There is an environmental and humanitarian crisis happening right now in the Caribbean island of Barbuda.

We're on a mission to help stop the destruction of the land and ocean in Barbuda before it's too late.

What’s happening?

Concerns with development

Human Rights

On 22 June 2021, a group of UN experts sent a letter to the Government of Antigua and Barbuda, expressing “deep concerns” about the impacts of the Barbuda Ocean Club and PLH’s supporting airport. 

To date, the Government has declined to respond.  The Letter included concerns for the citizens of Barbuda’s human rights being violated.  Including Barbudan’s Right to a clean, healthy, safe, and sustainable environment; Right to non-discrimination in economic, social, and cultural rights; the Right to and adequate standard of living, food, clothing, and housing; the Right to Life; the Right to non-interference with privacy, home, family or correspondence; and the Freedom of Expression.  

“We would like to express our deep concerns regarding the potential impacts of the Barbuda Ocean Club Project on human rights, including the rights to food, water and sanitation, housing, and a healthy environment, as well as cultural rights.” 

— UN Special Rapporteurs’ Joint Statement to the Government of Antigua and Barbuda


Palmetto Point (where the resort development is starting as we type) is home to one of the most perfect barrelling righthand point-breaks in the world.   The surf break exists as it is because of numerous precise factors, such as: sand dunes, ocean currents at that exact spot, size and shape of sediment, movement of underwater sand, wind, flora, fauna, and mangrove wetlands.  The proposed construction in Palmetto point threatens the fragile coastal morphology which could destroy the wave forever.  The construction of the Barbuda Ocean Club on top of Palmetto Point will destroy the ecosystem, which could destabilise the rest of the island and jeopardise human settlements.   The construction of Barbuda Ocean Club also presents challenges for access to the surf break- there are currently fences and guards declaring ‘private property’, even though the PLH LLC’s right to privately own the land is still highly contested.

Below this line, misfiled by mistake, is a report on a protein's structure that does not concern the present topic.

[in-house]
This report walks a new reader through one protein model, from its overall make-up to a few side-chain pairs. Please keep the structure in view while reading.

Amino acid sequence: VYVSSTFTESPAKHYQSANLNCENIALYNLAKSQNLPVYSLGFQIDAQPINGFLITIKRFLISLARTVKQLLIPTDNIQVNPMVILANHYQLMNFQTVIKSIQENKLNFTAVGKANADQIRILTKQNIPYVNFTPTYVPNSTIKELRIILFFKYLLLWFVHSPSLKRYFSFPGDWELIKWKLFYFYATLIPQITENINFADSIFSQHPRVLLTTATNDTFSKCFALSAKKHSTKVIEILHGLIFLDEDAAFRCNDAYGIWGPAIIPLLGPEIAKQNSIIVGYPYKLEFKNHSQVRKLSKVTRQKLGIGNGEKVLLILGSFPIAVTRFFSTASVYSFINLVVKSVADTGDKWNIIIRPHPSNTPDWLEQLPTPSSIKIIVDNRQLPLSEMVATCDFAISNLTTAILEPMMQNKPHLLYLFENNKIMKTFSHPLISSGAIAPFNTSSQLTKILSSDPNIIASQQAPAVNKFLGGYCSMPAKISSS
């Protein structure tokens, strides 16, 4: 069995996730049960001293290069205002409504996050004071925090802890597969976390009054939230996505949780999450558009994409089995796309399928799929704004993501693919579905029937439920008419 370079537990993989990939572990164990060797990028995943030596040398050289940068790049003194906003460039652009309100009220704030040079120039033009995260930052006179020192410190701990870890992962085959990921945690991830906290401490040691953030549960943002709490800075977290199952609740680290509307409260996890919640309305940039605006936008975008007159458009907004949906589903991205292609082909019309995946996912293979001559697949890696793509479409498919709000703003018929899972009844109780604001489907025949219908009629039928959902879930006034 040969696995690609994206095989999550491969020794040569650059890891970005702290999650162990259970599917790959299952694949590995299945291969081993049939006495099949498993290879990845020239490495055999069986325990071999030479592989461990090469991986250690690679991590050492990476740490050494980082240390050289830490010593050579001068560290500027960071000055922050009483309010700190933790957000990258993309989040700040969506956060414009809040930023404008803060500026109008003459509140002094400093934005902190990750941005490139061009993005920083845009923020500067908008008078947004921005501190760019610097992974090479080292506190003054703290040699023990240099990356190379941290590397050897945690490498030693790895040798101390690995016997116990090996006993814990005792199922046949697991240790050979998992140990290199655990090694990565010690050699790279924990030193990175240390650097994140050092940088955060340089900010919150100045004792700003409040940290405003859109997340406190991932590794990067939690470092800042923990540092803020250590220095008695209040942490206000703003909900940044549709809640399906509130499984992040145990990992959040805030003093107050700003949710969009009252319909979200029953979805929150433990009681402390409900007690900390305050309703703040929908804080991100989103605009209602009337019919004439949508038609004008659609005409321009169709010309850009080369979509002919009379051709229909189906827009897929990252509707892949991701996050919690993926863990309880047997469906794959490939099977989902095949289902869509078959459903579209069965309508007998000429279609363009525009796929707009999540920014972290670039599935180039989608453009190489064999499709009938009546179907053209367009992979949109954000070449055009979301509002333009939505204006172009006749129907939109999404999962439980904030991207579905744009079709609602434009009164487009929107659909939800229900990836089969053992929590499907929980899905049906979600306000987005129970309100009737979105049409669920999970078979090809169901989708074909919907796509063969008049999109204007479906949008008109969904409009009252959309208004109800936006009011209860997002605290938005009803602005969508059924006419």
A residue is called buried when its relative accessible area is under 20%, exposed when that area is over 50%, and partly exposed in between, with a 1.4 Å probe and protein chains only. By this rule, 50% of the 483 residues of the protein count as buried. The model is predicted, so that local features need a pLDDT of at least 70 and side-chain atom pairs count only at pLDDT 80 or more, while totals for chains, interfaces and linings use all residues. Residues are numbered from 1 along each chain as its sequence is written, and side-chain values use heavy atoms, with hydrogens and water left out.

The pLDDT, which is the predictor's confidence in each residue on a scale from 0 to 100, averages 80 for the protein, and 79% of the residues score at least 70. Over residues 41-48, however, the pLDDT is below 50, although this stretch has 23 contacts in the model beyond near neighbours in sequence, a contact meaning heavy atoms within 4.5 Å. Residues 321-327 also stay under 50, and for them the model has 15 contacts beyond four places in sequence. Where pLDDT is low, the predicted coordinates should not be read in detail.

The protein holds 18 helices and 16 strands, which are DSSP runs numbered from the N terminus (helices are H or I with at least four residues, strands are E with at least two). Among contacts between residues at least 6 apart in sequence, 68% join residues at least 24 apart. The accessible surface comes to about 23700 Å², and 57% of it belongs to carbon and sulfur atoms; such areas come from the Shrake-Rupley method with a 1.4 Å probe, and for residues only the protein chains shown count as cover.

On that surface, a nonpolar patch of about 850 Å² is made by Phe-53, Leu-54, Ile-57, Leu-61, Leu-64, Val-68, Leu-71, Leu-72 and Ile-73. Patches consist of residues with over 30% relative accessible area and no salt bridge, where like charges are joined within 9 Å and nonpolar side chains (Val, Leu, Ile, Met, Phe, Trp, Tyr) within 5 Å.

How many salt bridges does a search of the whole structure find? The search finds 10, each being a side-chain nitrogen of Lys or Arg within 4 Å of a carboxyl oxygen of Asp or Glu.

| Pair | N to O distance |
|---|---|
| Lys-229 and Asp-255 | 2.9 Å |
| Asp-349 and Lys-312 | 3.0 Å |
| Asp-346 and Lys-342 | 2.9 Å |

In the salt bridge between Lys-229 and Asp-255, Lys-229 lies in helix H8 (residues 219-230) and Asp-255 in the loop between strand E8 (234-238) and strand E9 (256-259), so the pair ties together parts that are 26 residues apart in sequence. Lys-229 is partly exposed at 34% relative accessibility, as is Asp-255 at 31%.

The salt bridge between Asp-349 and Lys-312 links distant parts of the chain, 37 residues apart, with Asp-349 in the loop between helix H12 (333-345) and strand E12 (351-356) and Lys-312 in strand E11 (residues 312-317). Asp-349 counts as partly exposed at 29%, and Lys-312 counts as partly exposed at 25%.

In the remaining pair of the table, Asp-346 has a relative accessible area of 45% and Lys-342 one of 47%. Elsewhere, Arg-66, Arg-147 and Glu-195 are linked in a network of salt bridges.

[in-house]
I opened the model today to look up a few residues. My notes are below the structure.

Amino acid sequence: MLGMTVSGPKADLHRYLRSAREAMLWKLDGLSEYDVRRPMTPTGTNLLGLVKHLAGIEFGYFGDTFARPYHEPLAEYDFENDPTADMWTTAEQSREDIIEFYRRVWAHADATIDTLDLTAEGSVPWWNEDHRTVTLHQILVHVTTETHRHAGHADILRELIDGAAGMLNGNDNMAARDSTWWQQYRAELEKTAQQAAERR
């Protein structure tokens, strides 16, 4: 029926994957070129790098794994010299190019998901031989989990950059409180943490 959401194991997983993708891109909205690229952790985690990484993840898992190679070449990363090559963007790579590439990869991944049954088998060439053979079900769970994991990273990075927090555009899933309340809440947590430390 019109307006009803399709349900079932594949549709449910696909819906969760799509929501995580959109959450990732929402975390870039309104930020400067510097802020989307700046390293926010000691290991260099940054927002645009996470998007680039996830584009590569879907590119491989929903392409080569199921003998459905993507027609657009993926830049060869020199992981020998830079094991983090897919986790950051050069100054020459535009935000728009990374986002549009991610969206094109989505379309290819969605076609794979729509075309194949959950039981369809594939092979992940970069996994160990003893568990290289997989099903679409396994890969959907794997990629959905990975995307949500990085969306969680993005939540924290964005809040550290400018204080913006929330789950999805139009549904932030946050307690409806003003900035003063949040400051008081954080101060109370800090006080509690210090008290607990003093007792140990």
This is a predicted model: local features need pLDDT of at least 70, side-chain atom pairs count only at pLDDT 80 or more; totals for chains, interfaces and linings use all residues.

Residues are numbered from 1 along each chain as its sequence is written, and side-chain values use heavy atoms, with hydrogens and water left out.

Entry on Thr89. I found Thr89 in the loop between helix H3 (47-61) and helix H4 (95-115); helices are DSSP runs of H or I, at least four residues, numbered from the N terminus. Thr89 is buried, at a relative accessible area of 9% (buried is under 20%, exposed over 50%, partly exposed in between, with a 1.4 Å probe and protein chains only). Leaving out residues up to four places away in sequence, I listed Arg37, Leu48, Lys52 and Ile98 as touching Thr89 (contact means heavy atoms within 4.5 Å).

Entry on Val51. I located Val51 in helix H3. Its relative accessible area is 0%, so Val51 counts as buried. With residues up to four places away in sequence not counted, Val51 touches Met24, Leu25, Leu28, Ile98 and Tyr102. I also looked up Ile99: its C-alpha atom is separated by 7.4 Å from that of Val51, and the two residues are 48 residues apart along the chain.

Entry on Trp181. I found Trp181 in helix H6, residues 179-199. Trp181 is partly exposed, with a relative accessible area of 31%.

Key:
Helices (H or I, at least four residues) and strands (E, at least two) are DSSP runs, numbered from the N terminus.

The new construction proposes building hundreds rooms in resorts and private villas on top of a sand dune, on an island with very little infrastructure.  This means the massive amount of waste that will be generated has nowhere to end up but the beaches, local wetlands, and the ocean.  


The development in Barbuda is occurring directly in a LEGALLY PROTECTED wetland.  The Codrington Lagoon National Park is a Category II Protected Area under the International Union for Conservation of Nature, and a designated Wetland of International Importance under the Rasmar Convention since 2005.  Antigua and Barbuda, and the United States are 2 of the 171 countries who have signed the Rasmar Convention treaty protecting the wetlands.  As such, the American companies such as PLH and Discovery Land Company are both responsible for complying with the national legal system in the country of development (Antigua and Barbuda) and the country of incorporation (United States).  Both the foreign corporations and the Government of Antigua and Barbuda have legal obligations to conserve the wetlands and the flora and fauna.